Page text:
The United States has produced many women making it to the top and becoming successful leaders. This is despite the fact that the environment these women grew up in might not have facilitated their direct access to the business world or provided these women role models in which to emulate. Nevertheless, many women have managed to learn enough about conducting a business and leading a team through education and mentoring.
Although in most cases women are still the ones who manage the household and would not normally have the time that running a business requires, many have set their priorities straight and have successfully entered the business world. Recent statistics show that women are starting businesses in record numbers and bringing significant changes to an environment which, not too long ago, seemed to be structured primarily for men and their ways of thinking and working.
Until recently, very few women have managed to succeed as business leaders. Be it for the disturbing lack of flexibility, men’s solidarity in business or women’s lack of confidence in their skills and abilities as leaders, the reality is that not many women have succeeded to in leadership roles. Moreover, in the absence of any grants from government agencies, women have to turn to private and non-profit organizations for assistance in starting a business. And, unfortunately, such grants often address minority women or women that come from economically disadvantaged communities. In spite of a nationwide network of programs and centers that offer business training, assistance and educational resources specifically for women, the actual business opportunities women are presented with are not too numerous.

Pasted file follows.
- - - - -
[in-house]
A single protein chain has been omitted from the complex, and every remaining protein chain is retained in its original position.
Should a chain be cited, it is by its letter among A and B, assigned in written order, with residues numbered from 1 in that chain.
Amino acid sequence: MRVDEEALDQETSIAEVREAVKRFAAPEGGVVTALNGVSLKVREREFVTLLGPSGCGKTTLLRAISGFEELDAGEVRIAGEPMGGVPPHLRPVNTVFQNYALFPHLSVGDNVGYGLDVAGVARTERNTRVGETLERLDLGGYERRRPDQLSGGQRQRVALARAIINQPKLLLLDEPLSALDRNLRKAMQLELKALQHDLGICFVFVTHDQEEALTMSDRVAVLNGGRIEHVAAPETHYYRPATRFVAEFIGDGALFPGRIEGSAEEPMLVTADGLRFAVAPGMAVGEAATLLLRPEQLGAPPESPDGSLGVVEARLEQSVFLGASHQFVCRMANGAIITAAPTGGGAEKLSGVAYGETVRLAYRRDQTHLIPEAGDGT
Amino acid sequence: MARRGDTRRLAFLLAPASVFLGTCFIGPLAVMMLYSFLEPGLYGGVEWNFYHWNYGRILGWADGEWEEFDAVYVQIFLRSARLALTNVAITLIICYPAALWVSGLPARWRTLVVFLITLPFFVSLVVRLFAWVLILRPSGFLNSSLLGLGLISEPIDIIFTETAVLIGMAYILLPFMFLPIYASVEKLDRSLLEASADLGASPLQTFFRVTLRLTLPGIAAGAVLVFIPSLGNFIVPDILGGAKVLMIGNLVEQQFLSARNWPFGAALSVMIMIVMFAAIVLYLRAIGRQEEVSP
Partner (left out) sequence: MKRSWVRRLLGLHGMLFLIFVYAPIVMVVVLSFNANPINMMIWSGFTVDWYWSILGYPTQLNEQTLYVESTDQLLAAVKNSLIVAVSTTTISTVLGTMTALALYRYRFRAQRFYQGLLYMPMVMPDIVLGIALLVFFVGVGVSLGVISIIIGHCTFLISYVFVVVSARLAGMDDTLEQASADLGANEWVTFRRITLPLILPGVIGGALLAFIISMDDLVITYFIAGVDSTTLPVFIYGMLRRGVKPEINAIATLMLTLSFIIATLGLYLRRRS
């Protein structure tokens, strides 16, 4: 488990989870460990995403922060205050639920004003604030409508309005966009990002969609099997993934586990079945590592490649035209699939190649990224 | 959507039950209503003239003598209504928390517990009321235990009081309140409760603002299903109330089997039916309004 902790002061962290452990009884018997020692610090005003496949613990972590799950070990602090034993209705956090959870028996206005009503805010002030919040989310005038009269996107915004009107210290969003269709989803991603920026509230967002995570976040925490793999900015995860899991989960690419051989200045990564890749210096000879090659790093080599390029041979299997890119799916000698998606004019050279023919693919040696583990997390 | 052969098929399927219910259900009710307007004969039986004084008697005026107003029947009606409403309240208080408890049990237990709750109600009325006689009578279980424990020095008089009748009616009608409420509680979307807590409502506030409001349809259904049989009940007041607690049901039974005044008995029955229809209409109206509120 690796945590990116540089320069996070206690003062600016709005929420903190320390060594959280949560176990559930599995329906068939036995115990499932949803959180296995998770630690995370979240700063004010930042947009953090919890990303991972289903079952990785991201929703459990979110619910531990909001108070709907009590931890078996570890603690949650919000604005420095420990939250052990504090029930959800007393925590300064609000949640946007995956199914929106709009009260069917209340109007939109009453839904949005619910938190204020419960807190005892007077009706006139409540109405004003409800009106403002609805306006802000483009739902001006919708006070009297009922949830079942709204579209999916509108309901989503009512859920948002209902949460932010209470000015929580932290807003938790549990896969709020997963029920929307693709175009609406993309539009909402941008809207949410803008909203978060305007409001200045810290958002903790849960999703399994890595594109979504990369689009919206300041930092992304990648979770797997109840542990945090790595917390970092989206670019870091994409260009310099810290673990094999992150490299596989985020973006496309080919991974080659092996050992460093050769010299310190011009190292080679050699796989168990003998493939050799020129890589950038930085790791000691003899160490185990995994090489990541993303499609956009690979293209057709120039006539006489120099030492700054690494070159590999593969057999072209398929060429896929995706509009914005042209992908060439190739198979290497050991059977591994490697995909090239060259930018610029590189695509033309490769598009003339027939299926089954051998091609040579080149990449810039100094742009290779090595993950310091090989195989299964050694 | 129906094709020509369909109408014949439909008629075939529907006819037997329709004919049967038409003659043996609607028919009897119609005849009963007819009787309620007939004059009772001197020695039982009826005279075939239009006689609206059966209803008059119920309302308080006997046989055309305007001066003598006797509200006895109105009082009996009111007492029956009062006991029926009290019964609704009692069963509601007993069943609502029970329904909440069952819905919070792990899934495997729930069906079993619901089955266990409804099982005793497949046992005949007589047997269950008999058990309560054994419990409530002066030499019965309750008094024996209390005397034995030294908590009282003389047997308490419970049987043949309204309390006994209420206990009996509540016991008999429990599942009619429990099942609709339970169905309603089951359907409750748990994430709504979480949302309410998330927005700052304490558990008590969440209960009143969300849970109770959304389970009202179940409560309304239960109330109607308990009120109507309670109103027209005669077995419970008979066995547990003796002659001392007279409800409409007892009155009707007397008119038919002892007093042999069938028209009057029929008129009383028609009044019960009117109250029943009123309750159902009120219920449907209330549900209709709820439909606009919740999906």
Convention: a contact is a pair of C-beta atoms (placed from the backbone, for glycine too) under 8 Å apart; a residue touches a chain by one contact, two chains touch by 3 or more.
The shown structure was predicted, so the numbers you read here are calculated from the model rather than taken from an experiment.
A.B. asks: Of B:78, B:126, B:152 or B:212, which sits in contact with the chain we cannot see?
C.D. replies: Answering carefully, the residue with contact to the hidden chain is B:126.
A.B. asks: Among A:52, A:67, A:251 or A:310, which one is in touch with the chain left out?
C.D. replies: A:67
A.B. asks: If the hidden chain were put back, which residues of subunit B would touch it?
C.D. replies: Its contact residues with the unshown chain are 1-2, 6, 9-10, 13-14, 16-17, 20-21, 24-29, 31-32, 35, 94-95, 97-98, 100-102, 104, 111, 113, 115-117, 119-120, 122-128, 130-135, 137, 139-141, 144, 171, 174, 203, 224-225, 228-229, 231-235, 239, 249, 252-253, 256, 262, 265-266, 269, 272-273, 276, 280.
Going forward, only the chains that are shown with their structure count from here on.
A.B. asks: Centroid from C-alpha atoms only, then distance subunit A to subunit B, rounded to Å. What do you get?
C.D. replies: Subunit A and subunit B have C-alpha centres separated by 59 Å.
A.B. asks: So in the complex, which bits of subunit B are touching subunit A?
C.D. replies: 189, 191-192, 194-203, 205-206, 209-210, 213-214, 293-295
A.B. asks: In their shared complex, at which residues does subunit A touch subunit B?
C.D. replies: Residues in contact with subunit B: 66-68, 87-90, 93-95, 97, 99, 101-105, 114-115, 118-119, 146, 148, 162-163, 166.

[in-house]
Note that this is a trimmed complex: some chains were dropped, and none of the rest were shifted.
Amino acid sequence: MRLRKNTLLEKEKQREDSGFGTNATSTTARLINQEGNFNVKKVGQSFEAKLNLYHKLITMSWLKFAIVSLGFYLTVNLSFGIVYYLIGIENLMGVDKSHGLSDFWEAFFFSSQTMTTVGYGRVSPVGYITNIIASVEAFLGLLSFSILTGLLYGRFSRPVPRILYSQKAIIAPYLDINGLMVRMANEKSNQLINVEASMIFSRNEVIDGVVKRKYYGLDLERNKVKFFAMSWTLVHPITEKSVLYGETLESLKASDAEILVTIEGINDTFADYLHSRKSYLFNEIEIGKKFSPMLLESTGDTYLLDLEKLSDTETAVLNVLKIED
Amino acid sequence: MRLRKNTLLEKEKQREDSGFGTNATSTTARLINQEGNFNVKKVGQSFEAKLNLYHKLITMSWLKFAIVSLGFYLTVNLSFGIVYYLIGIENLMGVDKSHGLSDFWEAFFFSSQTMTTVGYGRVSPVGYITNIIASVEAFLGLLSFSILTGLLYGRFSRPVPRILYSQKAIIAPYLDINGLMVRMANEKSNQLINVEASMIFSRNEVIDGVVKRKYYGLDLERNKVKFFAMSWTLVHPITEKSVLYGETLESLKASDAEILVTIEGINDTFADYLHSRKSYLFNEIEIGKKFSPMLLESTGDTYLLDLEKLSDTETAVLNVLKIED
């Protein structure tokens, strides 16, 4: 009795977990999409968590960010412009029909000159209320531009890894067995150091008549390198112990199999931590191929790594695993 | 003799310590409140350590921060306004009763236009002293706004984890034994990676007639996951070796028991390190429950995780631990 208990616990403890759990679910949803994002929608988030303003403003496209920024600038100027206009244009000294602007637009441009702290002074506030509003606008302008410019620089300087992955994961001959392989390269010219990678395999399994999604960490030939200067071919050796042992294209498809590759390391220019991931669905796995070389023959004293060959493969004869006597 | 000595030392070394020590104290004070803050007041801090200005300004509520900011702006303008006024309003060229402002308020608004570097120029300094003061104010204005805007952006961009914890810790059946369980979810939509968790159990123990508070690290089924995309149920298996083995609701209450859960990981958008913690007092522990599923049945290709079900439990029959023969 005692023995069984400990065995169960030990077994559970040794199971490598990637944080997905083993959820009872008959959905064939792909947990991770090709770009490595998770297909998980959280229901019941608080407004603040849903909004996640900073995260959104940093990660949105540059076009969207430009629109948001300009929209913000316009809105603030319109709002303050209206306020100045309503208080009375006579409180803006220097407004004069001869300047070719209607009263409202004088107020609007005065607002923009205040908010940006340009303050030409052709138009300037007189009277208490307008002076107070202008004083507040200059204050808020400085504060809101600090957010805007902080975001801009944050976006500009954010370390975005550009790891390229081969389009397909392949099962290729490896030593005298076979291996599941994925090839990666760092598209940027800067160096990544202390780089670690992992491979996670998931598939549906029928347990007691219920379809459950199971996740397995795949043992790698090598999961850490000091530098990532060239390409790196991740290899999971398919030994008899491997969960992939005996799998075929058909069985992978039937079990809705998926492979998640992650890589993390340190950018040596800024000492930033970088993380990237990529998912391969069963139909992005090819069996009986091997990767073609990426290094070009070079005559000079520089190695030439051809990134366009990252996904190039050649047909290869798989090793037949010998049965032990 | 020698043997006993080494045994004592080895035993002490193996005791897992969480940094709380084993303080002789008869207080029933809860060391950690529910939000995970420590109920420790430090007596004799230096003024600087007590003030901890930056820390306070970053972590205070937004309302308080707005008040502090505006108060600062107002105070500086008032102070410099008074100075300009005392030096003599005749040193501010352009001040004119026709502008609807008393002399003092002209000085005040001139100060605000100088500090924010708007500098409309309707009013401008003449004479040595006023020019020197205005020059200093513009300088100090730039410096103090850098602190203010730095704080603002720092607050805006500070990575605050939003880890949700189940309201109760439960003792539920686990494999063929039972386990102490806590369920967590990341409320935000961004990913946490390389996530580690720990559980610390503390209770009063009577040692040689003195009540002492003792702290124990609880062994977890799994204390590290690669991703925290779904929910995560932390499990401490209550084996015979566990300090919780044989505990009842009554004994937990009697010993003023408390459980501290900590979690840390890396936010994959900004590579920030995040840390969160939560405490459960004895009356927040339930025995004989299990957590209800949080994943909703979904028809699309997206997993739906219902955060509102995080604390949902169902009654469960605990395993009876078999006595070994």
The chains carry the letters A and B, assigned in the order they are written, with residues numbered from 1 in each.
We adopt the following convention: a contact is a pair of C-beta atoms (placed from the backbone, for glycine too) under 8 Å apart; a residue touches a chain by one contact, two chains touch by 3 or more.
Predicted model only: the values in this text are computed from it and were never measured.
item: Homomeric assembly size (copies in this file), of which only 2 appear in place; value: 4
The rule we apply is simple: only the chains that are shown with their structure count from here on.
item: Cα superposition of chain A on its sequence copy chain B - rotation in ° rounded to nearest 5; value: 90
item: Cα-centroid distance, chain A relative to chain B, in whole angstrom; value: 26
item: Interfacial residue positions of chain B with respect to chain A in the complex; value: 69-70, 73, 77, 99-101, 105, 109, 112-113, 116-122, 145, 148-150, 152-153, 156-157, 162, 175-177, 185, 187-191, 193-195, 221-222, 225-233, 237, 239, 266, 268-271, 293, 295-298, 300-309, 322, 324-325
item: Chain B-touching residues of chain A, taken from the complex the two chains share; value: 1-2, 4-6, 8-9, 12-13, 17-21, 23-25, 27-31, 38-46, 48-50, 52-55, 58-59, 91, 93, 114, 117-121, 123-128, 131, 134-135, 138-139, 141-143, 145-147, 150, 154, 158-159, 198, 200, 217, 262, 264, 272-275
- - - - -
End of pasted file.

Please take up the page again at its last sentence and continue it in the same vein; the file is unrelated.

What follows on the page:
Despite all these major drawbacks, what we are witnessing today in the business world is something that many would consider surprising, to say the least. Things are changing and evolving rapidly to an unprecedented presence for women in the business environment. Statistics show that over 23 million people in the United States (approximately 16% of the workforce) are now employed by women-owned businesses. This is almost double the number of employees that the biggest fifty companies in the U.S. have altogether. In addition to this, women-owned businesses generate $3 trillion in revenue and are tantamount to the fifth-largest gross domestic product on a global scale.
The first question that comes to mind is “Why are women starting their own businesses?” The most obvious reason would have to be “Because they want to be financially independent.” We all know that depending on someone else for everything you need, from the food you put on the table and the clothes you wear to going on vacation or buying gifts for the holidays can be frustrating at times. All women feel the need to indulge themselves on their whims every now and then, and not all of them have the chance to do so, as long as they depend on someone else for money.